When it comes to fishing, many people go around it the traditional way: find a good spot and hope that fish will come biting. It’s true, there’s a certain level of excitement in this, since you never know what might happen and what you are going to catch.
A lot of people, however, prefer to be practical. Setting the mystery aside, they prefer using a fish finder to guide them through the process. But what is the best fish finder? How do you differentiate a good model from a bad one?
With this guide, we will help you through the selection process. We gathered a few important features to look for, as well as some popular models that many fishermen seem to appreciate. Fish, beware!
Best Fish Finder Under 500
Best Fish Finder Under 200
Looking for the best fish finder? Well, here are some fish finder reviews to guide you!
This device is compatible with every model of Android or Smartphone, as long as you have the appropriate app. You can connect it to your phone and receive data from the built-in transducer without having to carry too much on you.
The connection is done via Bluetooth or wireless, which enables the data to spread accurately and quickly. Aside from its portability, you also have the advantage of rechargeable batteries – which means that you can change them at any time.
This Deeper fish finder is very versatile and can reach areas that other fish can’t. It doesn’t really matter if you’re fishing from a dock, a bridge, or a boat; it can sneak into places and offer you readings.
Thanks to its dual beam, you can switch from shallow to deep water search at any time. With an adjustable frequency going from 90 to 290, you can search for fish in any type of water.
When it’s fully charged, the battery can last up to 6 hours. It’s perfect for the fisherman who likes to stay all day fishing and bring home a trophy. Plus, since you don’t have to keep it on all the time, it might last even more than that.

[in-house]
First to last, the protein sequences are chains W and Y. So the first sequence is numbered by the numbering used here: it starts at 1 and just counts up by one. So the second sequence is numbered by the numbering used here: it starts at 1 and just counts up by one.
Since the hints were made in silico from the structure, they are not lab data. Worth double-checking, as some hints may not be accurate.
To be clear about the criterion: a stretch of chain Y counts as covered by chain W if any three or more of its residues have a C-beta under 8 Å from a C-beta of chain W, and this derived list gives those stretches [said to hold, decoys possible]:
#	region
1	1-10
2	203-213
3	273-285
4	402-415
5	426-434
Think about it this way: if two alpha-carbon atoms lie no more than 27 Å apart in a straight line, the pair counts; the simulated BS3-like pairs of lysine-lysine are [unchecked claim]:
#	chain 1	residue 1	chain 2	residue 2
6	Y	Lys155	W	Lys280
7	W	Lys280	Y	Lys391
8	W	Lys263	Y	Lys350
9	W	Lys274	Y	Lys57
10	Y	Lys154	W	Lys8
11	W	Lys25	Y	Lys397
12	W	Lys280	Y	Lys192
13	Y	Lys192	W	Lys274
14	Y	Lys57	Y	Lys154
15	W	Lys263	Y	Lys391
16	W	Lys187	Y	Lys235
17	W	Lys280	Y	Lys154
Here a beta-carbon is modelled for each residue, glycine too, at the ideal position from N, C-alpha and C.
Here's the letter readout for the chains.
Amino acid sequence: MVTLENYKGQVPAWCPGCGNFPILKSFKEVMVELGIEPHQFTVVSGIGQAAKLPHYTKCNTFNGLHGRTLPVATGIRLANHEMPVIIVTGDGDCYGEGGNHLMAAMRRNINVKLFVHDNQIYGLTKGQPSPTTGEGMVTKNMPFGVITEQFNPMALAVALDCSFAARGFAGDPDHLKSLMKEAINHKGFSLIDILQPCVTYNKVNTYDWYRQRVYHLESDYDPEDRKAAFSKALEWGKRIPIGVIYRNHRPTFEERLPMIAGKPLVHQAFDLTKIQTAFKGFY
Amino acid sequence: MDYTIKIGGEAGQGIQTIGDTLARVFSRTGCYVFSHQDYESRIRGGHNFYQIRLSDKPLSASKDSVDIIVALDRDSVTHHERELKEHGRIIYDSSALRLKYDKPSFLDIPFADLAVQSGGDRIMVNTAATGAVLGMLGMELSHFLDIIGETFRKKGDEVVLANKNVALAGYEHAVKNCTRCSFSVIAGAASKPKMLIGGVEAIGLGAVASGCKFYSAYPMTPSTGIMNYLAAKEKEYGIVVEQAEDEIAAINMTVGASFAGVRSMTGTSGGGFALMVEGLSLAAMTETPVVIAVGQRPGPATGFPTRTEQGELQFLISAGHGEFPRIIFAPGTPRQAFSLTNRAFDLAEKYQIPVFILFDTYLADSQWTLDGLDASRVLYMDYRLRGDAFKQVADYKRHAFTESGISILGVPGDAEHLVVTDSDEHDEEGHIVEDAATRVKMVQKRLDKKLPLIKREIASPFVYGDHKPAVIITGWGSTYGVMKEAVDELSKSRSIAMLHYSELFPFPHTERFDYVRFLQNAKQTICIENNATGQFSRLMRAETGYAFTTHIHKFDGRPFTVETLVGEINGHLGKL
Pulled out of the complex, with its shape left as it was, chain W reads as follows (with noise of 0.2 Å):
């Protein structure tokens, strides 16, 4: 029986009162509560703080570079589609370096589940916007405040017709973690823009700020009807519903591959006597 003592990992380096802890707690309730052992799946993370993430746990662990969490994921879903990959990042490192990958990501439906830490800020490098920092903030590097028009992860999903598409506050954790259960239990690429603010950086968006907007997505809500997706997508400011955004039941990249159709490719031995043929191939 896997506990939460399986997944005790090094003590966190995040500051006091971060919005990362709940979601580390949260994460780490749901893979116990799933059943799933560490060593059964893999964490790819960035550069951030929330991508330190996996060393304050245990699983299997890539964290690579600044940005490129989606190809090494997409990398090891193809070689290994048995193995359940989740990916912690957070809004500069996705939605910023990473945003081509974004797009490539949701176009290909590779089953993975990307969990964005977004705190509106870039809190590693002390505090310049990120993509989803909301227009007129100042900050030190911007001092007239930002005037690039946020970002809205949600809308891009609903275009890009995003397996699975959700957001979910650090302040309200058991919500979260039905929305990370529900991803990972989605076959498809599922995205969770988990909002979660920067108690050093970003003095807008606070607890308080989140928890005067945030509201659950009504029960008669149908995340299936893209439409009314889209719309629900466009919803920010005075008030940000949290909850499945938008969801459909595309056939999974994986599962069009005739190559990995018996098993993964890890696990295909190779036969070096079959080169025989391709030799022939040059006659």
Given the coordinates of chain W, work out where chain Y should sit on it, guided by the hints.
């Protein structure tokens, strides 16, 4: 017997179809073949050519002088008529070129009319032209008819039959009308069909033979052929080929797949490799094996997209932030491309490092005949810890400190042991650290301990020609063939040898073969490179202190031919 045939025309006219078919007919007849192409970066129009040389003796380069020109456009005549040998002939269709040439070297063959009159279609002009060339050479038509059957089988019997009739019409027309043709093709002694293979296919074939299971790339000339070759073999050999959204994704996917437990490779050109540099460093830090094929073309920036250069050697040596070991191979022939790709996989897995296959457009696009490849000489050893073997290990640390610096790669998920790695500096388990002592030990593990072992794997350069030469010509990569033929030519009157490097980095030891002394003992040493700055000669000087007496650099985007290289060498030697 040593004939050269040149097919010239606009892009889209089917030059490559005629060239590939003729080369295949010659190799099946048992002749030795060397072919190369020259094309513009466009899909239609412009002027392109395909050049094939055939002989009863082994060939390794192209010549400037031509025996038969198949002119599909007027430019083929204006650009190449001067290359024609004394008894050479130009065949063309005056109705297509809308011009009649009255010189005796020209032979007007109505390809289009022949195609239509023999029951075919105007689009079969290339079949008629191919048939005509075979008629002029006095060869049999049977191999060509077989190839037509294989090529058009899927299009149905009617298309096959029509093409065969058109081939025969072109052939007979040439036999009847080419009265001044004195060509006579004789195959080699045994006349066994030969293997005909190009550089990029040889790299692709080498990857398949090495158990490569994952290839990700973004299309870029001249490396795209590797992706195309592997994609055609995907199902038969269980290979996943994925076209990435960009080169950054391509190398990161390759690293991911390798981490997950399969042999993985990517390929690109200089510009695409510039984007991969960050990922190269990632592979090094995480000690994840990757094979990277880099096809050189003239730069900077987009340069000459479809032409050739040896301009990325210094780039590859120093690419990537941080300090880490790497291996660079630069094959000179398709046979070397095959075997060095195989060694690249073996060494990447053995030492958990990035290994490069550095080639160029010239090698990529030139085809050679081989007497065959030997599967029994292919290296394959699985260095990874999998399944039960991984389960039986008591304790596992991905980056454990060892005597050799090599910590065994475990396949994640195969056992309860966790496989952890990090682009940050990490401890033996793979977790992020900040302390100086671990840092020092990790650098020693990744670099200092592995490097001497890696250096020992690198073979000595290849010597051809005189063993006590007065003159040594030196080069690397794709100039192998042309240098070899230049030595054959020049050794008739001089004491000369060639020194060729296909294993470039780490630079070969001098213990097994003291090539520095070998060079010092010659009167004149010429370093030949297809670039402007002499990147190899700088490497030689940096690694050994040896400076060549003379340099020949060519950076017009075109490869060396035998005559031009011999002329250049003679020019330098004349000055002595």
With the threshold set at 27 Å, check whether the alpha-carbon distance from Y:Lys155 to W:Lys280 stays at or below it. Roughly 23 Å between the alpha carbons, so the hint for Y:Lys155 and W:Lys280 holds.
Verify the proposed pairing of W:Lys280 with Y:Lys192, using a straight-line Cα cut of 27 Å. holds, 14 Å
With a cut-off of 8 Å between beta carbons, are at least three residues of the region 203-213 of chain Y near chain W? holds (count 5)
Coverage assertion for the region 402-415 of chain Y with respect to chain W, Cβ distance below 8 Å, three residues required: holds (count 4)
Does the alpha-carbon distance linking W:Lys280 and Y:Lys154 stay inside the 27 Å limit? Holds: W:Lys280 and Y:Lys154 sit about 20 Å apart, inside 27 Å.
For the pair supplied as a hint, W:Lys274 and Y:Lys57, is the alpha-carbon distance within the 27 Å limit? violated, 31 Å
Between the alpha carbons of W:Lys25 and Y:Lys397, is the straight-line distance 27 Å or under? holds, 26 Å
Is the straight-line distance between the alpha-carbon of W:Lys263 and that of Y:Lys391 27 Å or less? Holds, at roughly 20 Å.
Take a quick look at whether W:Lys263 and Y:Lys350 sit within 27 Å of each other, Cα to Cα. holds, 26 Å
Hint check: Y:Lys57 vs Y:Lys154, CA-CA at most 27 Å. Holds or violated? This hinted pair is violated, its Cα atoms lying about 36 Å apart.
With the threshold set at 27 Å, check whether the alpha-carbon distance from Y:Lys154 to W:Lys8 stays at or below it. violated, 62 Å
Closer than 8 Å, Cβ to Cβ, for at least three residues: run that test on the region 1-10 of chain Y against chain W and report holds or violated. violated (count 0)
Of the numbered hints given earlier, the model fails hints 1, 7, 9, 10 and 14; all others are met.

Furthermore, it’s highly waterproof, and no water will ever enter the system. You can leave it there, floating at any time, without worrying that water will be the reason for its demise.
Overall, there’s no surprise that many people consider this to be the best fish finder. It’s practical, you can take it anywhere, and it doesn’t even need an Internet connection – unless you have it.
The Helix 5 Humminbird fish finder is like any other typical fish finder on the market – at least when it comes to looks. With a vertical screen that turns everything into a landscape display, you will receive a clear view of what is under your boat.
This is the type of fish finder that is more appropriate for boat users. Thanks to its CHIRP system, it can be adjusted from low (20 kHz) to high (240 kHz).
Normally, it easily reaches up to 1500 feet underwater, and the readings until that point are very accurate. However, we found that if you purchase an optional transducer, you can reach up to 2500 feet.
The Helix 5 also has its own mapping system and an included GPS system. Thanks to this, you can always recheck the “heat points,” without getting misled or accidentally ending up somewhere else (all waters look the same when away from shore).
The display is colored. This means that you can discern much easier fish from the environment.
It’s definitely one of the best fish finders that you can get, considering its features. Plus, it’s not that expensive, so it’s a fairly good investment.
If you are on a budget but still want a fish finder that can offer you decent readings, then this Garmin fish finder is definitely worth a glance. Even though the screen is fairly small when compared to other fish finders, it can still get the job done.
Thanks to its built-in GPS system, you can map out the places where you know the biggest concentrations are. This way, you can return to those areas even if it’s foggy or raining. It’s perfect for finding hot spots on both open oceans and rivers.
The transducer is also fairly high-quality, considering its size. With its CHIRP sonar, it can send a continuous frequency sweep that can reach up to 750 feet in salt water and 1,600 feet in fresh water.
It also has an on-screen speedometer, and it will show you accurate data even if you are moving at a high speed while on your boat.
This is a very useful feature if you don’t know where the fish is yet and you’re still browsing the waters.
The screen measures only 3.5 inches, but since it’s colored, it’s very easy to discern fish from plants and environmental factors. It may not have the resolution of a more expensive device, but it will definitely tell you where to go for fish to bite.
This Lowrance fish finder is also a good option if you are on a budget. It may not look like much when compared to other professional units, but it’s the best fish finder for the money that you can get as a beginner.